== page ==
'Force of nature' honoured with military funeral
A union of three families gathered to say a final farewell to Lieutenant Colonel Jack Griffin, a father and husband, military man and GAA stalwart, who tragically died at the weekend.
His grief-stricken wife Trisha and their three young daughters, were joined by Lt Col Griffin's military family, as well as his family from his beloved Thurles Sarsfields hurling club where he was a coach and selector, at the Cathedral of the Assumption in Thurles, Co Tipperary, for his funeral Mass yesterday.
The 47-year-old - who was hailed as the "best husband, father, brother and friend" - was tragically killed after he was struck by a car while he was out jogging close to his home in Thurles last Saturday afternoon.
Lt Col Griffin's remains arrived at the cathedral shortly before 1pm, bringing the busy town to a standstill. His remains were flanked by men and women from Thurles Sarsfields.
His GAA family passed his coffin over to his military family in the church yard, who then hoisted his remains - draped in the Tricolour - onto their shoulders.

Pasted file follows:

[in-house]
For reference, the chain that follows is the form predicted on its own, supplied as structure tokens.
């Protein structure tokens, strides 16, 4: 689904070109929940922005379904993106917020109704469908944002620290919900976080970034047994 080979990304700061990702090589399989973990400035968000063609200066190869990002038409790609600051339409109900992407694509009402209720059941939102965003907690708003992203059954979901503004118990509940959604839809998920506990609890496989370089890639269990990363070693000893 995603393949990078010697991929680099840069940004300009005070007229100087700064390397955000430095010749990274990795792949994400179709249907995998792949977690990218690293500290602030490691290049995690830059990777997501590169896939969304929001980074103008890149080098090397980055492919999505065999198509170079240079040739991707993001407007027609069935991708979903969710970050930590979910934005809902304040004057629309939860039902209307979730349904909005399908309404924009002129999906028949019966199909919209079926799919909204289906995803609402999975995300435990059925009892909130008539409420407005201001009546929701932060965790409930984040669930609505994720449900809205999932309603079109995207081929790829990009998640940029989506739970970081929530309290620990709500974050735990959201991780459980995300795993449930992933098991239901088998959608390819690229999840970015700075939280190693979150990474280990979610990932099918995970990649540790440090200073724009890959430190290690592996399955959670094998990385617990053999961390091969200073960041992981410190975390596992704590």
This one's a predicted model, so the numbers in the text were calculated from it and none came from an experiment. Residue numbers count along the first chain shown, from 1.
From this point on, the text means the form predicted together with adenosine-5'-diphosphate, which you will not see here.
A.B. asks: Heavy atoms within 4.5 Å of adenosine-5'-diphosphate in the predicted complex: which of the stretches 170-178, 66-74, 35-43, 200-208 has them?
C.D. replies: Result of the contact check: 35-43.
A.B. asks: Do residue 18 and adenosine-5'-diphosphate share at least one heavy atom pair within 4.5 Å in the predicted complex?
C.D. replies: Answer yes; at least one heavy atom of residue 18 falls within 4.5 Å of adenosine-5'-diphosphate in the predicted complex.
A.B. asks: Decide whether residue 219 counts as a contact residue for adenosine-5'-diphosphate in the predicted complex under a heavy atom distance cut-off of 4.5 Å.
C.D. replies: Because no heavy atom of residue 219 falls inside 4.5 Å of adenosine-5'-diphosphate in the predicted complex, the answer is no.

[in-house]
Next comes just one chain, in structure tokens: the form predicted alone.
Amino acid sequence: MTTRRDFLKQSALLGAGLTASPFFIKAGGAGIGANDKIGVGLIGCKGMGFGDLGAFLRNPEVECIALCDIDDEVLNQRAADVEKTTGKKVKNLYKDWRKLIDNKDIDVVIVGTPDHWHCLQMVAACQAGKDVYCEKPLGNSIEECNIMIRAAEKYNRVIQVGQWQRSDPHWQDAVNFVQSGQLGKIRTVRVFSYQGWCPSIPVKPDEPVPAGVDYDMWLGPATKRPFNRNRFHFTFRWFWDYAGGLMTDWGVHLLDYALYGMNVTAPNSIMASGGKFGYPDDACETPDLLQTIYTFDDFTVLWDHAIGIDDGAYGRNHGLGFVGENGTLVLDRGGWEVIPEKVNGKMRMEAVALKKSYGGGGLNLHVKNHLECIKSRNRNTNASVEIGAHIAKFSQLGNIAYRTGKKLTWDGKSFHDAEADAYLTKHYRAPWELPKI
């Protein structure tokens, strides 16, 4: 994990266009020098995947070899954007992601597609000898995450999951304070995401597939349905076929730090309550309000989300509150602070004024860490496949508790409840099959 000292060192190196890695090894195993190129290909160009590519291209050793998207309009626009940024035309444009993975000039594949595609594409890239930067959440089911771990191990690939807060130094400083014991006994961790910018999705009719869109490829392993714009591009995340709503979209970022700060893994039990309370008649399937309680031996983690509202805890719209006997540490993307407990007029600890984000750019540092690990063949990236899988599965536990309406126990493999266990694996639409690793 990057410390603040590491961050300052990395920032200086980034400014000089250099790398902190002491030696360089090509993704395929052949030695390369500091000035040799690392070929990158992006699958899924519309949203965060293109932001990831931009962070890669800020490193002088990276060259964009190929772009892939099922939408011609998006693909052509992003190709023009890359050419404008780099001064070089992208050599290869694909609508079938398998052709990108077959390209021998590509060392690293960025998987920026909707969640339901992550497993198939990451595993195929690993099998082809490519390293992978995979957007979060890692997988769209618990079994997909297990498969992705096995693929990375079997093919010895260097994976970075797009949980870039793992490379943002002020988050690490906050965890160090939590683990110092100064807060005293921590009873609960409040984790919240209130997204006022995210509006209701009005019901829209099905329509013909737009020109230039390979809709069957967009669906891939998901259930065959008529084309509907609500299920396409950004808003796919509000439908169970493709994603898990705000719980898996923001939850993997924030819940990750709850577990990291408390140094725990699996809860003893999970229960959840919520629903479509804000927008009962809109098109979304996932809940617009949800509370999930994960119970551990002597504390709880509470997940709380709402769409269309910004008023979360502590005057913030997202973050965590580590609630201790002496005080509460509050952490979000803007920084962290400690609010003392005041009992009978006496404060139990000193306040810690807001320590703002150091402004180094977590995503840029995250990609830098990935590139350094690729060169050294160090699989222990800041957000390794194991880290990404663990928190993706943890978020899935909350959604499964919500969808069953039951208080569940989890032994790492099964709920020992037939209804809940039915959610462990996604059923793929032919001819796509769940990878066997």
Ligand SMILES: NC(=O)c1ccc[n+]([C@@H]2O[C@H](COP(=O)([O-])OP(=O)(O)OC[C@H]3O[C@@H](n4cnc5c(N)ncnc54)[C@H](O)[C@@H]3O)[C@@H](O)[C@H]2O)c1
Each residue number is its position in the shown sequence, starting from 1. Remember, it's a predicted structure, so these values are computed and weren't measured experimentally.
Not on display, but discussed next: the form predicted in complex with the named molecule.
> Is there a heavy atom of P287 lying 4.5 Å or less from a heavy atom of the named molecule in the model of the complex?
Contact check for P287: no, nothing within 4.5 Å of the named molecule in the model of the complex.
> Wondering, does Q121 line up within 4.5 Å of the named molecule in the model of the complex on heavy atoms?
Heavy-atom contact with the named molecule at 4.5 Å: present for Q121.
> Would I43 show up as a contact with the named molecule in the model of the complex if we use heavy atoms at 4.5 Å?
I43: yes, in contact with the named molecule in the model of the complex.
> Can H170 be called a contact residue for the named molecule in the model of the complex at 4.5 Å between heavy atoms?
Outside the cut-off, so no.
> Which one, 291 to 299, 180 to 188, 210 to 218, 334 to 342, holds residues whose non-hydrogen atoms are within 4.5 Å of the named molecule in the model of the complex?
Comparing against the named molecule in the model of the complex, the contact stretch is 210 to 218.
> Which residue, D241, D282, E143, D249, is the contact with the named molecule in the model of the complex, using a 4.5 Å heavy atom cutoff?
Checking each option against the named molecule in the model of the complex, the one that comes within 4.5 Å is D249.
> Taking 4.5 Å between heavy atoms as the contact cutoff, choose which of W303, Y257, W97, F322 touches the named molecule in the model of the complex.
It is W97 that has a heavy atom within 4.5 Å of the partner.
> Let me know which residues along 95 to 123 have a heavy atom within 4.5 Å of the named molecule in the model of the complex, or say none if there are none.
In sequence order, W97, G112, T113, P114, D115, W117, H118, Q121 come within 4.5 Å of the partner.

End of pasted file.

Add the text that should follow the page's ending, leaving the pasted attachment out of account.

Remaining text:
The military pallbearers were comprised of colleagues from the 63rd Cadet class with whom he had trained.
Behind them his devastated family followed into the packed church.
They were joined by Defence Minister Simon Coveney, junior minister Tom Hayes, and the Chief of Staff of the Defence Forces, Vice Admiral Mark Mellett.
Taoiseach Enda Kenny and President Michael D Higgins were represented by their aide-de-camps.
The military funeral was concelebrated by Fr Martin Hayes and Fr PJ Somers, the military chaplain.
Lt Col Griffin's close friend and colleague, Lt Col Caimin Keogh, delivered a heartfelt eulogy in which he remembered the deceased as a "force of nature, a one of a kind, a loving father and husband, a family rock and a friend to cherish".
"Jack was a true and loyal friend. His passing has stunned us all and this tragedy makes no sense. Jack was a man's man, but amongst his women he was in his element," he said.
"I know it would have been no ordinary thunderbolt that would have been able to prise Jack away from those that he loved the most.
"He would have fought to the bitter end to extend his stay."
In his 29-year career, Lt Col Griffin served on overseas missions in the Congo, Lebanon and Chad.
At the time of his death, he was serving in Brussels with the EU military staff and director general, Lt General Wolfgang Wosolsob, who also attended the funeral.